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A Publication
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Case Ferguson : US Flares Up In Protest

By Countercurrents.org 

25 November, 2014

From coast to coast, protests and demonstrations flared up protesting the grand jury's decision not to indict the police officer Darren Wilson, who killed Mike Brown, an unarmed 18-year black boy in Ferguson , Missouri , USA . Thousands of people rallied late Monday in US cities. Most of the protests were peaceful, but passionate. Dozens of arrests have been made. In areas in the country, chaos filled streets. Gunshots were heard on the Ferguson streets and fires raged.

Mike Brown's mother has urged Ferguson protesters to remain peaceful.

According to the jury decision the police officer Darren won't face criminal charges for killing Michael Brown, the black boy. The decision by the grand jury of nine whites and three blacks was announced Monday night by the St. Louis County prosecutor, Robert P. McCulloch, at a news conference packed with reporters from around the world.

After the decision was announced, thousands of protesting people joined in marches across the US, waved signs and shouted chants of "hands up, don't shoot," the refrain that has become a rallying cry in protests over police killings across the US.

Orderly protests were organized in cities across the US including New York , Los Angeles , Seattle , Philadelphia and Chicago , where about 200 mostly young and mostly white protesters gathered at police headquarters, despite frigid temperatures and light snow.

The killing, on a residential street in Ferguson, set off weeks of civil unrest — and a national debate — fueled by protesters' outrage over what they called a pattern of police brutality against young black men.

Even before the decision was announced, National Guard troops were dispatched to a police command post in Ferguson ; schools were kept closed for the week.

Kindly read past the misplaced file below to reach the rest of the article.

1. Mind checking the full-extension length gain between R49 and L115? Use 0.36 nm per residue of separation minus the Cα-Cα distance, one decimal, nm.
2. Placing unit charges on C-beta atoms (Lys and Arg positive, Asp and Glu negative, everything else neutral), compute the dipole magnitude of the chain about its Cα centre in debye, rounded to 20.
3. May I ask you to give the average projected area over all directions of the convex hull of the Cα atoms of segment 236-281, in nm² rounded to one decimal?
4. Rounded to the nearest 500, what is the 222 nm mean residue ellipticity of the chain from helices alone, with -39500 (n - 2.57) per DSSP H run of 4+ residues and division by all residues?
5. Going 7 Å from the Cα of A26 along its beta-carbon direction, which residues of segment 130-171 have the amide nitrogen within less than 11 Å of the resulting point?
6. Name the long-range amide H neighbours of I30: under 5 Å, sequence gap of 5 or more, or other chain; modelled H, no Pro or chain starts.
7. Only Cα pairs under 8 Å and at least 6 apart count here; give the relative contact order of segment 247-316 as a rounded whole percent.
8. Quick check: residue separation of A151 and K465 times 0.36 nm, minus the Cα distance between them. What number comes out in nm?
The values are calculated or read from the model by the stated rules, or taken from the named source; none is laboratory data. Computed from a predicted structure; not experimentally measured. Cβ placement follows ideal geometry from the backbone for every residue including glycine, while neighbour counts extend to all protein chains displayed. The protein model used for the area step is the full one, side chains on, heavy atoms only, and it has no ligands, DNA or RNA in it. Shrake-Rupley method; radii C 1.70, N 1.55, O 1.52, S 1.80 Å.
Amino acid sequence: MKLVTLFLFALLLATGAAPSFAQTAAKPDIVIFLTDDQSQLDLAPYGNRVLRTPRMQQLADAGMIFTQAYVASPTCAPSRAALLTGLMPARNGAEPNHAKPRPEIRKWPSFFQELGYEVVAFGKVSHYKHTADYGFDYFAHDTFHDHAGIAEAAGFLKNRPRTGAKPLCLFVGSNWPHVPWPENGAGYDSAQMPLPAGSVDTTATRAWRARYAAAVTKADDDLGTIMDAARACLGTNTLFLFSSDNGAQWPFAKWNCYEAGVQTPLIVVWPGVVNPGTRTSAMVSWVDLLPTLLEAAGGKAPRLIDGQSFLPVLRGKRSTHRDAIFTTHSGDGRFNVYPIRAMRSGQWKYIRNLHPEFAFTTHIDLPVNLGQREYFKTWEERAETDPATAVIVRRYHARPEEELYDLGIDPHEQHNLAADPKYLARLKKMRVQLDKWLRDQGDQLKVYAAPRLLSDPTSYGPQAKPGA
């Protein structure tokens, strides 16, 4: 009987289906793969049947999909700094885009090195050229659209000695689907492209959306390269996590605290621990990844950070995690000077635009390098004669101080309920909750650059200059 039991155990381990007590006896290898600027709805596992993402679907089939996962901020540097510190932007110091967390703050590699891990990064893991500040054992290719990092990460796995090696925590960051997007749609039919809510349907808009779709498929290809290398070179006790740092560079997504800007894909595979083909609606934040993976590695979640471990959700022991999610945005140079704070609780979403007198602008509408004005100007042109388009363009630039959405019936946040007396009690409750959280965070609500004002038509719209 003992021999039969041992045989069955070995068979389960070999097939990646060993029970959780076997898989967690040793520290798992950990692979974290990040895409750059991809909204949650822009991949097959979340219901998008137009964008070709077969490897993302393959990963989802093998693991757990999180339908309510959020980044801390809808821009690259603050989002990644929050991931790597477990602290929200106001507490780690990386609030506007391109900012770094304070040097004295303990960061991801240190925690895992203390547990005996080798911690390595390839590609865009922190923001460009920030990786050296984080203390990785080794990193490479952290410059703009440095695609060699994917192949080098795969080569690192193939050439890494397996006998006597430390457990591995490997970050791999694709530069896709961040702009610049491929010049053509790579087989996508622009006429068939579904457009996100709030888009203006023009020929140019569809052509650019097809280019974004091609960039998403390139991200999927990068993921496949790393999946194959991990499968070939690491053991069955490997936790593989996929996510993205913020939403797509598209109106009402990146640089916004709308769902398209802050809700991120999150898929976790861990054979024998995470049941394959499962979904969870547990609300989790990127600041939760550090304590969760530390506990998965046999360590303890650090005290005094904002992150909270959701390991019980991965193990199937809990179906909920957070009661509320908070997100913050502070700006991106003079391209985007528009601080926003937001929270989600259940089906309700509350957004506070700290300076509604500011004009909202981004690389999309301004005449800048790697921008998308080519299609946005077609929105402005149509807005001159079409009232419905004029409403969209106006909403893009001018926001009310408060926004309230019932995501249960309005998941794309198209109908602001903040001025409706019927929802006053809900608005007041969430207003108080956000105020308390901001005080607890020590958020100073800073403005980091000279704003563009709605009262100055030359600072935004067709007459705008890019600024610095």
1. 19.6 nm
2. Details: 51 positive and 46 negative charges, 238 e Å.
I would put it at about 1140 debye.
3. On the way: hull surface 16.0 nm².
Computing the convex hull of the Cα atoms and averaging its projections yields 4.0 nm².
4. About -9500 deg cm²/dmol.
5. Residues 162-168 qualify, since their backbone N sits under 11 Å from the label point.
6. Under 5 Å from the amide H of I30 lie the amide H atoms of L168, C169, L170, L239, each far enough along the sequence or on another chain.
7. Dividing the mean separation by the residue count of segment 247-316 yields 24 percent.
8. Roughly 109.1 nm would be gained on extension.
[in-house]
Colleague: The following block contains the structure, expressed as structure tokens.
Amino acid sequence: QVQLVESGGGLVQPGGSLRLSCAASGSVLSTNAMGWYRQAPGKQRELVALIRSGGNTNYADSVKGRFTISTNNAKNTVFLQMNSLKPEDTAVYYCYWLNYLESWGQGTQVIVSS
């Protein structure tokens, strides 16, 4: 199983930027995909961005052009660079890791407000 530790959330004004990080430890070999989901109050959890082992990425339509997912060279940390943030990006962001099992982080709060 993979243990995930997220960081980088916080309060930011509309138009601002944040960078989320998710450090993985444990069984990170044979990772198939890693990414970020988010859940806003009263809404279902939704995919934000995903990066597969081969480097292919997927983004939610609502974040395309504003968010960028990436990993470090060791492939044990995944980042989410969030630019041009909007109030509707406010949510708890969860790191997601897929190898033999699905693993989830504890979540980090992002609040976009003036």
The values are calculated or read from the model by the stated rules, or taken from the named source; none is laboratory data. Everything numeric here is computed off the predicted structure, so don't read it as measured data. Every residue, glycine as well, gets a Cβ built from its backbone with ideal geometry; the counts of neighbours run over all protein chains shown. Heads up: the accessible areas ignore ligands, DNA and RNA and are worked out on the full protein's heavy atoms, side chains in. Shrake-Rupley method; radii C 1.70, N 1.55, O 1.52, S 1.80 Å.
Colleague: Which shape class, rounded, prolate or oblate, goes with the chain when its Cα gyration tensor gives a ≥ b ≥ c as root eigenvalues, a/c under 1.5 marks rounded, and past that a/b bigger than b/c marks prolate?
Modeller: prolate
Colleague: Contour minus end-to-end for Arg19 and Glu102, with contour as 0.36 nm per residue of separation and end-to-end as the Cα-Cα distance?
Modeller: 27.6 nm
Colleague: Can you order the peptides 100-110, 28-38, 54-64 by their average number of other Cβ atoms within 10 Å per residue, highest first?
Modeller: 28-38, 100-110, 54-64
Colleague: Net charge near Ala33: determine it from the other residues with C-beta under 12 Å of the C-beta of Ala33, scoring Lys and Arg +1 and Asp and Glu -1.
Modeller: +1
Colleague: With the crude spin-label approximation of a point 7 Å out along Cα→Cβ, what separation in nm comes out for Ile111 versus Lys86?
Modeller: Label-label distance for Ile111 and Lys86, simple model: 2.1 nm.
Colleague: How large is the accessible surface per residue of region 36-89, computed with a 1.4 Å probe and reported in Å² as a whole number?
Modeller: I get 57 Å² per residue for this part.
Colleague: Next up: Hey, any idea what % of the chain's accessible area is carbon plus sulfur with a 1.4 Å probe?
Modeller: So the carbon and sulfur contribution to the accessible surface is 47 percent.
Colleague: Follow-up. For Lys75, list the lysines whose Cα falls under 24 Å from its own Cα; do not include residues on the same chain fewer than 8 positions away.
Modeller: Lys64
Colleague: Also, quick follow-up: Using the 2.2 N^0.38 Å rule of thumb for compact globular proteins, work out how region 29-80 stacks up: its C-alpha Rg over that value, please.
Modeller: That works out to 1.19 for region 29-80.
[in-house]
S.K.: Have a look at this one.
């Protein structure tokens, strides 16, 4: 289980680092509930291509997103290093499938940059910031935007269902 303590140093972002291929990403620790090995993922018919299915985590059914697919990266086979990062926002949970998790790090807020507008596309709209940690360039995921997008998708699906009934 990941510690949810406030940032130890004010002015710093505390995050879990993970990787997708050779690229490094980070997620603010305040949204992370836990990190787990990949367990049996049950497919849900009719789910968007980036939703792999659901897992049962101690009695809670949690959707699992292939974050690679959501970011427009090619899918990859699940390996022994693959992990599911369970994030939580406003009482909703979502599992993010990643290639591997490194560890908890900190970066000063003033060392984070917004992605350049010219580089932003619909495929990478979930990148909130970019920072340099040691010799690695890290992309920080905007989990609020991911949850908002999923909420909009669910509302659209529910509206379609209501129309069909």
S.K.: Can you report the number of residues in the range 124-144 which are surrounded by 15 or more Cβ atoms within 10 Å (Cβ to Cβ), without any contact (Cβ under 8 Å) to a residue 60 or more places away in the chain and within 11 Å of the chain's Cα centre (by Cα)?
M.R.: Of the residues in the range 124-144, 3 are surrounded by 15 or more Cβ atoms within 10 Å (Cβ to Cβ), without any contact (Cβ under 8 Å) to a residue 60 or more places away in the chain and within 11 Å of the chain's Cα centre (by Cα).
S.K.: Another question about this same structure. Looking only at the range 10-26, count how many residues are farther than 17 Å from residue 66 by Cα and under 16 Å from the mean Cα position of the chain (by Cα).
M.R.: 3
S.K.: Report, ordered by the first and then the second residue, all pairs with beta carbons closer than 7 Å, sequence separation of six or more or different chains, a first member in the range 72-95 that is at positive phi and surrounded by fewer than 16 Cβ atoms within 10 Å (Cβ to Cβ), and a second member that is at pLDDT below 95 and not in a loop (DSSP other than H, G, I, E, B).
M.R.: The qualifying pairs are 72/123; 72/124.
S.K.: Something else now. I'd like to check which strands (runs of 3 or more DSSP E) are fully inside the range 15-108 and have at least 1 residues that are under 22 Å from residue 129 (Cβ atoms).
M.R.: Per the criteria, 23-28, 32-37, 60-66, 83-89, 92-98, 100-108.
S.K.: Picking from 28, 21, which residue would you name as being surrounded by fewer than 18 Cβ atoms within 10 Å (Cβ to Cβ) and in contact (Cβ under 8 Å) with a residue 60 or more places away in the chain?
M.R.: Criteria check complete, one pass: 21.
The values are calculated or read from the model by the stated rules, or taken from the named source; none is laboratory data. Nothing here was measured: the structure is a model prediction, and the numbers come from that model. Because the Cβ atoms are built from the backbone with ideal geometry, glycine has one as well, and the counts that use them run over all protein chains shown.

An AP report quoted Ethan Jury, a protester in Philadelphia , where hundreds marched downtown with a contingent of police nearby: "Mike Brown is an emblem (of a movement). This country is at its boiling point. How many people need to die? How many black people need to die?"

In Ferguson , demonstrators vandalized police cars and buildings, hugged barricades and taunted officers with expletives Monday night while police fired smoke canisters and tear gas.

The AP report said:

“The most disruptive demonstrations were in St. Louis and Oakland , California , where protesters flooded the lanes of freeways, milling about stopped cars with their hands raised in the air.

“As the night wore on, dozens of protesters in Oakland got around police and blocked traffic on Interstate 580. Officers in cars and on motorcycles were able to corral the protesters and cleared the highway in one area, but another group soon entered the traffic lanes a short distance away. Police didn't immediately report any arrests.

“A diverse crowd of several hundred protesters marched and chanted in St. Louis not far from the site of another police shooting, shutting down Interstate 44 for a time. A few cars got stuck in the midst of the protesters, who appeared to be leaving the vehicles alone. They chanted ‘hands up, don't shoot' and ‘black lives matter'.

‘There's clearly a license for violence against minorities, specifically blacks,' said Mike Arnold, 38, a teacher. ‘It happens all the time. Something's got to be done about it. Hopefully this will be a turning point.'

“In Seattle , marching demonstrators stopped periodically to sit or lie down in city intersections, blocking traffic before moving on, as dozens of police officers watched.

“Groups ranging from a few dozen to a few hundred people also gathered in Chicago, Salt Lake City, and Washington, D.C., where people held up signs and chanted ‘justice for Michael Brown' outside the White House.

“In New York , the family of Eric Garner, a Staten Island man killed by a police chokehold earlier this year, joined the Rev. Al Sharpton at a speech in Harlem lamenting the grand jury's decision. Later, several hundred people who had gathered in Manhattan 's Union Square marched peacefully to Times Square .

“In Los Angeles , which was rocked by riots in 1992 after the acquittal of police officers in the videotaped beating of Rodney King, police officers were told to remain on duty until released by their supervisors. About 100 people gathered in Leimert Park , and a group of religious leaders held a small news conference demanding changes in police policies.

A group of about 200 demonstrators marched toward downtown.

“The marchers shut down the northbound and southbound lanes of Interstate 110 in downtown Los Angeles late Monday night, according to City News Service. People stood and lay in the northbound lanes and the center divider.

Another splinter group of about 30 people marched all the way to Beverly Hills , where they lay down in an intersection.

“Chris Manor, with Utah Against Police Brutality, helped organize an event in Salt Lake City .